THE PAULSON PLAN:
The financial-reform plan announced by Treasury Secretary
is better understood as Wall Street’s pitiful, lame-duck defense against genuine reform. The confusing bells and whistles do not conceal Paulson’s real purpose: to blame the disaster on disorganized government regulators and do little or nothing to restore strong prudential regulation.
The media are making a big fuss, but Bush’s ideas for reform are no more credible than
‘s promise of “a chicken in every pot.” The real reform debate can’t start until we have a new President and Congress. Meanwhile, Paulson, a son of
, seeks to protect fellow club members with distracting proposals. Let the Federal Reserve become the “supercop” of Wall Street. That’s a hoot. The Fed is a principal culprit–the bankers’ friend–that looked the other way, then showered billions on the failing financiers. What’s disturbing is that the Democrats seem disposed to go along. They will be sorry if they do. Putting the Federal Reserve in charge is not reform but surrender. — WILLIAM GREIDER
BACHELET AND THE PILL:
Chilean Constitutional Tribunal
is set to rule on a 2007 lawsuit brought by thirty-six conservative legislators to block President
‘s decision to distribute emergency-contraception pills to women of all income levels. In a Catholic country where abortion is illegal, Bachelet’s opponents have seized on the issue to undermine Chile’s first female executive.
Three giant pharmacy chains–Salcobrand, Farmacias Ahumada and Cruz Verde–initially refused to carry the pill, incurring heavy fines from the government. Two eventually backed down (the third, Salcobrand, is led by a devout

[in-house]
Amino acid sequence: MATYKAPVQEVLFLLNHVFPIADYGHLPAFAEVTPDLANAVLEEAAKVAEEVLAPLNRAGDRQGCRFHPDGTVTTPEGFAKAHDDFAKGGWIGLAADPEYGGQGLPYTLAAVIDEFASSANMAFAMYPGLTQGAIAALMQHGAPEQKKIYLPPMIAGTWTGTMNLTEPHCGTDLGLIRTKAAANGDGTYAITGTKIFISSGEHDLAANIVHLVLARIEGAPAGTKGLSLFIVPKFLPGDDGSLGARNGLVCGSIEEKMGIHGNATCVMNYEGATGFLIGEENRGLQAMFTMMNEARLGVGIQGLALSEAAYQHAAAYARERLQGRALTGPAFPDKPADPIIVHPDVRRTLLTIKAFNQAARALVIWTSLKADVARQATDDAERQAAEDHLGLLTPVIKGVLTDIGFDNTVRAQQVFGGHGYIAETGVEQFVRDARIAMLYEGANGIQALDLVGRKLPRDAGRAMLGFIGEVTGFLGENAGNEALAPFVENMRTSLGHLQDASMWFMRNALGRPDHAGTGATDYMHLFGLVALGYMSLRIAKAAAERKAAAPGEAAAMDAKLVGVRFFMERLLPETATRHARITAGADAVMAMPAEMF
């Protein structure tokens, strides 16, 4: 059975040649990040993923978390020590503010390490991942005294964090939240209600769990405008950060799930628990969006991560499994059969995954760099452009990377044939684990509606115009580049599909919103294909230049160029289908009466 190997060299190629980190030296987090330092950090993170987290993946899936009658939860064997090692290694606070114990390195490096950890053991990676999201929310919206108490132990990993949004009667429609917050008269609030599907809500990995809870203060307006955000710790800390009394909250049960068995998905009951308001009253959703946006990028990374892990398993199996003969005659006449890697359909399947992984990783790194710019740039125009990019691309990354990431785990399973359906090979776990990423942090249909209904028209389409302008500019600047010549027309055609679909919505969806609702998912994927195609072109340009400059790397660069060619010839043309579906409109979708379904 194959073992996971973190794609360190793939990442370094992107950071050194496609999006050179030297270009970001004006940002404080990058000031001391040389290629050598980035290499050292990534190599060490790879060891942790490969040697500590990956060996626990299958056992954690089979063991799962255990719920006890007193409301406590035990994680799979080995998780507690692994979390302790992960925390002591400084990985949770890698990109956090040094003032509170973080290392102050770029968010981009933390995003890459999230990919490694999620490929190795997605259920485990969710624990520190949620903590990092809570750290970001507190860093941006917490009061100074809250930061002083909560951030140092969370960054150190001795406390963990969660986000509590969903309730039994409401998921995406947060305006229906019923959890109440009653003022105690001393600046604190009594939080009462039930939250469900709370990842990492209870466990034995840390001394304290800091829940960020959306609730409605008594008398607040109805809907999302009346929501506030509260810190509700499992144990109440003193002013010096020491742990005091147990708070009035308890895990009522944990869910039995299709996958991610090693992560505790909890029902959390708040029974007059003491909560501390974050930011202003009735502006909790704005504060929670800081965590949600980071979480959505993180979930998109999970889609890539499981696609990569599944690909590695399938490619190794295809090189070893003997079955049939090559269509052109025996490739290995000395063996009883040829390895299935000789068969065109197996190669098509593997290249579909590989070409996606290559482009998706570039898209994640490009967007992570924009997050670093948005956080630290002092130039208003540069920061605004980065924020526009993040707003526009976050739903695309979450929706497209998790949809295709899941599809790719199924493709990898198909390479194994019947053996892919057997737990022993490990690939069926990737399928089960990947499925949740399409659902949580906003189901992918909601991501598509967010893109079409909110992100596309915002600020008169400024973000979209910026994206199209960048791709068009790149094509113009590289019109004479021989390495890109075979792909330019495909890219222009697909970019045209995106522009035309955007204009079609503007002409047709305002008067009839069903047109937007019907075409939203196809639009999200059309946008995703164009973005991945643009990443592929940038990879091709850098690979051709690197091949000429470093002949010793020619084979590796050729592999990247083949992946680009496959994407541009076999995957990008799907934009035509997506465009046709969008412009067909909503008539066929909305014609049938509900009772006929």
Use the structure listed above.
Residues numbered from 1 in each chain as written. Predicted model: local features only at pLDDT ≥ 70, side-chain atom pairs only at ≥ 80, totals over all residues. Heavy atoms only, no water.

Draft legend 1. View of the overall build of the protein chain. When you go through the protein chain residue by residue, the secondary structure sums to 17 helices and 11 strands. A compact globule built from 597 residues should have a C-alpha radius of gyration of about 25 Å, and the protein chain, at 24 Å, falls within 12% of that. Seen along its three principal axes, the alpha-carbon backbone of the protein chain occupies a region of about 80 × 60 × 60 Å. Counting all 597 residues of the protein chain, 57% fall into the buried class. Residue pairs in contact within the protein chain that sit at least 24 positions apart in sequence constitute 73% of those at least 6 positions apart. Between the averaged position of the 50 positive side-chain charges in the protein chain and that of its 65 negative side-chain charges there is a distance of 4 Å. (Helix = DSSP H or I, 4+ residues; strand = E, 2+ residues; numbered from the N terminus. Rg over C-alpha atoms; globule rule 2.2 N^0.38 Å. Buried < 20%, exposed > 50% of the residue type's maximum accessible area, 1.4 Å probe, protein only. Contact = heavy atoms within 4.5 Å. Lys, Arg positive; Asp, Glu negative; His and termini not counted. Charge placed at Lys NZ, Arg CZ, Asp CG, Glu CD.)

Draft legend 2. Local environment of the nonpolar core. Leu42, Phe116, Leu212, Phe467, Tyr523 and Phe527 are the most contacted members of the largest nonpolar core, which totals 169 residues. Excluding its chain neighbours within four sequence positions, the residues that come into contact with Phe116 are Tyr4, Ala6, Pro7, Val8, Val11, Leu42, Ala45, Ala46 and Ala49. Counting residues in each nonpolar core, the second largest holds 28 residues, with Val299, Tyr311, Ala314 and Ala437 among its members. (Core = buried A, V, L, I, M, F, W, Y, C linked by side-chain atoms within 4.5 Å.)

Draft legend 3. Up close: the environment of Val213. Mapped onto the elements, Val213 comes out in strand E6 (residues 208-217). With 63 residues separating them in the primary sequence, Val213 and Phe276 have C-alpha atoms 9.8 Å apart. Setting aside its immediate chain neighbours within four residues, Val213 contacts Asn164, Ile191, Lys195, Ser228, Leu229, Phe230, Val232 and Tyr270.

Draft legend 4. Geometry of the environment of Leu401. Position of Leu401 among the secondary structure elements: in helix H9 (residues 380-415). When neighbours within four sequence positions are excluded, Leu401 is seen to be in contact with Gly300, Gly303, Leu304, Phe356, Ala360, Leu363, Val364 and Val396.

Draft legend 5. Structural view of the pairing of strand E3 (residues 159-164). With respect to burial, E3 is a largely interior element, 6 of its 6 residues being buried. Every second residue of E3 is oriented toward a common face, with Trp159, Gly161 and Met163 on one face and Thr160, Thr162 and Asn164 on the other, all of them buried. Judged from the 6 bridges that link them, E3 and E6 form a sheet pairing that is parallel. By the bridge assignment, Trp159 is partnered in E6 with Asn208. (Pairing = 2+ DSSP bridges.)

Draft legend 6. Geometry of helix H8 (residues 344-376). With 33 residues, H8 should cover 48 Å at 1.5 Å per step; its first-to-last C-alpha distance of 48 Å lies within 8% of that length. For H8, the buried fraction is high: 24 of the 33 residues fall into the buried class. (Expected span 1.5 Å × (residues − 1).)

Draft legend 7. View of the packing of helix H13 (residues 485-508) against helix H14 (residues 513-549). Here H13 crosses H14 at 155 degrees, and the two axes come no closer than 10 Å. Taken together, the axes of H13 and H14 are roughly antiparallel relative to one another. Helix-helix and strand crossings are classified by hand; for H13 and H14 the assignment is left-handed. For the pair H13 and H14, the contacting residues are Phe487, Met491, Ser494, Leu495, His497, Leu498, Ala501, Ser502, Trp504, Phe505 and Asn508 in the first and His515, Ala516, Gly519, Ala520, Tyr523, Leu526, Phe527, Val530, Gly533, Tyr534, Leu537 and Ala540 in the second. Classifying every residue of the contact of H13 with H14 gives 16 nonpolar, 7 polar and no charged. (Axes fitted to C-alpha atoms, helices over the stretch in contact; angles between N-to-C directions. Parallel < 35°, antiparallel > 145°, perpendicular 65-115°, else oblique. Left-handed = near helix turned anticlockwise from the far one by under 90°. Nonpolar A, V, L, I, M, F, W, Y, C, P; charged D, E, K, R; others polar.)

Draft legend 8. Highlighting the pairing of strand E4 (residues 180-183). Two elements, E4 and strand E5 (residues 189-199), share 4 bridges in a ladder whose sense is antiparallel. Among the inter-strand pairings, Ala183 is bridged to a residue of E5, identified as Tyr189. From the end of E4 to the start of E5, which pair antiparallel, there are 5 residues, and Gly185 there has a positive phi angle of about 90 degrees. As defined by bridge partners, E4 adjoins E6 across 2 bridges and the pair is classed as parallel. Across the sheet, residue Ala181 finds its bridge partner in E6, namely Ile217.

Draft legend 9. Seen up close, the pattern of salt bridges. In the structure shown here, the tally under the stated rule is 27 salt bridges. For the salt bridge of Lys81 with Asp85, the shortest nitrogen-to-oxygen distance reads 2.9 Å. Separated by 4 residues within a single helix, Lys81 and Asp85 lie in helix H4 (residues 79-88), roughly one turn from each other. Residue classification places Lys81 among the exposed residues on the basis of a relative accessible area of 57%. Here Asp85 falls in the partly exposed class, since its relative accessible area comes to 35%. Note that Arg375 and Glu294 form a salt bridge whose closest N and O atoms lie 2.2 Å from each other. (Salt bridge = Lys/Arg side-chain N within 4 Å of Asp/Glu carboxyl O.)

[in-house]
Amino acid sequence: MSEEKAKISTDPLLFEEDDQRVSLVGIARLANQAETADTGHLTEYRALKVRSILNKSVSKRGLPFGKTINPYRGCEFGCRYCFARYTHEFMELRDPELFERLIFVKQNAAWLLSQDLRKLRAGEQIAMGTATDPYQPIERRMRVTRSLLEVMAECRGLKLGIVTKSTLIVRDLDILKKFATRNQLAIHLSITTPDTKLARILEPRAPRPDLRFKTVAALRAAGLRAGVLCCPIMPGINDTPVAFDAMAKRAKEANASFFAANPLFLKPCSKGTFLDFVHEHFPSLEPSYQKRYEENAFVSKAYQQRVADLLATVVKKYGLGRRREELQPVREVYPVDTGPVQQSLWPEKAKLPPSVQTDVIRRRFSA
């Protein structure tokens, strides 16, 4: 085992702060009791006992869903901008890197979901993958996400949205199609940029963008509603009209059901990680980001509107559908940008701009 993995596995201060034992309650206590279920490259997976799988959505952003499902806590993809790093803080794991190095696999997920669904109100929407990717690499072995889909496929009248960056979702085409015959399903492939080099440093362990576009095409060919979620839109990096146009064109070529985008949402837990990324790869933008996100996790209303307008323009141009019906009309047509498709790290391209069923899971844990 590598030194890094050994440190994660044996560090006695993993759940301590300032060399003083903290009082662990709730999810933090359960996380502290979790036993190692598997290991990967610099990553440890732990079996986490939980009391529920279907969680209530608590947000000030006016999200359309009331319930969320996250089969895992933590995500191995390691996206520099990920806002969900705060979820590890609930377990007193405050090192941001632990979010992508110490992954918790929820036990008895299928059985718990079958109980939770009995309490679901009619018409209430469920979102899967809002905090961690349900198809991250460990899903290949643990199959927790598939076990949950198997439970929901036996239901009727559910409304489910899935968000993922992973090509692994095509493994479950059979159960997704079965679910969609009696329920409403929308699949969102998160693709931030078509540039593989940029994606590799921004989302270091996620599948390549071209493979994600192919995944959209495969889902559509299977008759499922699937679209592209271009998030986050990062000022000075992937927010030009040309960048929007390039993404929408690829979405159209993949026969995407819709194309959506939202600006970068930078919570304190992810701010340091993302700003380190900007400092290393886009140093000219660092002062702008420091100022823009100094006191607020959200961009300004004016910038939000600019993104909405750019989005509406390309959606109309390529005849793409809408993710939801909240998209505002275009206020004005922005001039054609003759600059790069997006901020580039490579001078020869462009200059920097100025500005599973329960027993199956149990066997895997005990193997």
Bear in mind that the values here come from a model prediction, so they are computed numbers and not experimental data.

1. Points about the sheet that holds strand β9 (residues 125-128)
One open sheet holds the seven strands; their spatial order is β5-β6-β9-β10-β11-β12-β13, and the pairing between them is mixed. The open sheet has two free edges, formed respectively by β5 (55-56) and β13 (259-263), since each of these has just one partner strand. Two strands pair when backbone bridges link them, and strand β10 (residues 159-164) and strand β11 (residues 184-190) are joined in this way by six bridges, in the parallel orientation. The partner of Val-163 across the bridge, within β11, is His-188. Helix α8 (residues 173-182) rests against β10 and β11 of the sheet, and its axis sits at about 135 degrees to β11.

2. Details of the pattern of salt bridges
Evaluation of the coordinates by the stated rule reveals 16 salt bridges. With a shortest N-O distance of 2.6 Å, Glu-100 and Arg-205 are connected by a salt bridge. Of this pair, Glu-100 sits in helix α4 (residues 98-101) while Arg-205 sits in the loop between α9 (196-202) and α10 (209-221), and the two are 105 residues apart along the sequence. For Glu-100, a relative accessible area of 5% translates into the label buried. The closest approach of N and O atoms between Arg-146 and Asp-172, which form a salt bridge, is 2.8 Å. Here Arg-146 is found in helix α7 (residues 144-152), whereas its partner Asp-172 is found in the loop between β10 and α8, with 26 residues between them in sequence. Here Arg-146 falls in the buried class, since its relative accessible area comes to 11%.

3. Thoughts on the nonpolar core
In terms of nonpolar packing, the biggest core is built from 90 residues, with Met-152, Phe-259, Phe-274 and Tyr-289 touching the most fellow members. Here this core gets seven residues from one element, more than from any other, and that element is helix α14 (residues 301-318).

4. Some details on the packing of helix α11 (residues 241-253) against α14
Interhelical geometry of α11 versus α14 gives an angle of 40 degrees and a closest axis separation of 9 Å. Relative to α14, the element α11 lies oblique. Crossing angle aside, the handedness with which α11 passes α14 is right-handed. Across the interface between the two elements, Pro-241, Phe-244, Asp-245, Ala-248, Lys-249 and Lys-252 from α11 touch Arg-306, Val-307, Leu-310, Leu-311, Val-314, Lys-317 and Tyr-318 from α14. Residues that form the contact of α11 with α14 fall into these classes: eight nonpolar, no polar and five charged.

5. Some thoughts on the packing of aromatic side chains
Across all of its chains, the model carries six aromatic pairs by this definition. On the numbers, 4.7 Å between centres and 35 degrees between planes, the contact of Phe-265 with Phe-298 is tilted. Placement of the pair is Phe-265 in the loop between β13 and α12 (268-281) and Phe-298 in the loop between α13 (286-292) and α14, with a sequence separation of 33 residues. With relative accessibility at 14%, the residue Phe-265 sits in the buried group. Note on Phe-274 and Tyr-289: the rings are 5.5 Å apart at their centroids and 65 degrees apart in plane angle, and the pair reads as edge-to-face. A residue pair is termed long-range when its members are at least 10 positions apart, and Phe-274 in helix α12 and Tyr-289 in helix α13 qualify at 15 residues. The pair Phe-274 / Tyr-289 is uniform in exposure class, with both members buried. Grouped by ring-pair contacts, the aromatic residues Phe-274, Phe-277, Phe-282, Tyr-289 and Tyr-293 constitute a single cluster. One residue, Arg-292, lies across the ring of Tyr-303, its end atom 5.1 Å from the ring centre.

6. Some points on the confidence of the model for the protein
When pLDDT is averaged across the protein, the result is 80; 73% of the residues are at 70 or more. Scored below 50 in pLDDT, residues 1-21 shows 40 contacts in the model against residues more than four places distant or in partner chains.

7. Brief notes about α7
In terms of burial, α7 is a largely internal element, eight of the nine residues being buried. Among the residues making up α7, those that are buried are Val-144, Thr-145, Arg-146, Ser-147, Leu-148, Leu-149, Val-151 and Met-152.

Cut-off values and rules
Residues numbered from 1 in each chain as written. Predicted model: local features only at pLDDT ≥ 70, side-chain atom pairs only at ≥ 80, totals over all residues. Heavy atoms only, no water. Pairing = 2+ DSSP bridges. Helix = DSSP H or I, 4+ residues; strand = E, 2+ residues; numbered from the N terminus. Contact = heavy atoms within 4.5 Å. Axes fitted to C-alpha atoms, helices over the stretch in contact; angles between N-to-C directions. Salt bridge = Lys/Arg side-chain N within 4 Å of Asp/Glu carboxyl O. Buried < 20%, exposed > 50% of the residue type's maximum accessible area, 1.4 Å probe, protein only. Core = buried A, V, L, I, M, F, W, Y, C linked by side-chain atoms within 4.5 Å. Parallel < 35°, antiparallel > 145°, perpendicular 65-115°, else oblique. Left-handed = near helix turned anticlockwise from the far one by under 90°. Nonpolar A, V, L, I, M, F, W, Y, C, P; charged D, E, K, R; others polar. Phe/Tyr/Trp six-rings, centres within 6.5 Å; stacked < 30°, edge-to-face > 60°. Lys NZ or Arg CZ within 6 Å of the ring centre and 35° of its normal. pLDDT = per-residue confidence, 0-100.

member), but not before launching a propaganda campaign against Bachelet and refusing to pay the fines. Anti-Bachelet municipal leaders sent back shipments of the pill that were to be distributed in public clinics, gaining much media attention for their defiance. And with a majority on the tribunal lined up against Bachelet, insiders predict it will ban the pill later this month.
If so, the decision will be another blow to poor women, who cannot afford to leave the country for abortions and must resort to the back-alley variety. It may also open up legal space to call into question Bachelet’s other progressive reforms, including her insistence on gender parity in the government. Grandstanding social conservatives will have their way, the pharmacies will get away with disobeying the law and Chilean women will pay the price. — ASHLEY STEINBERG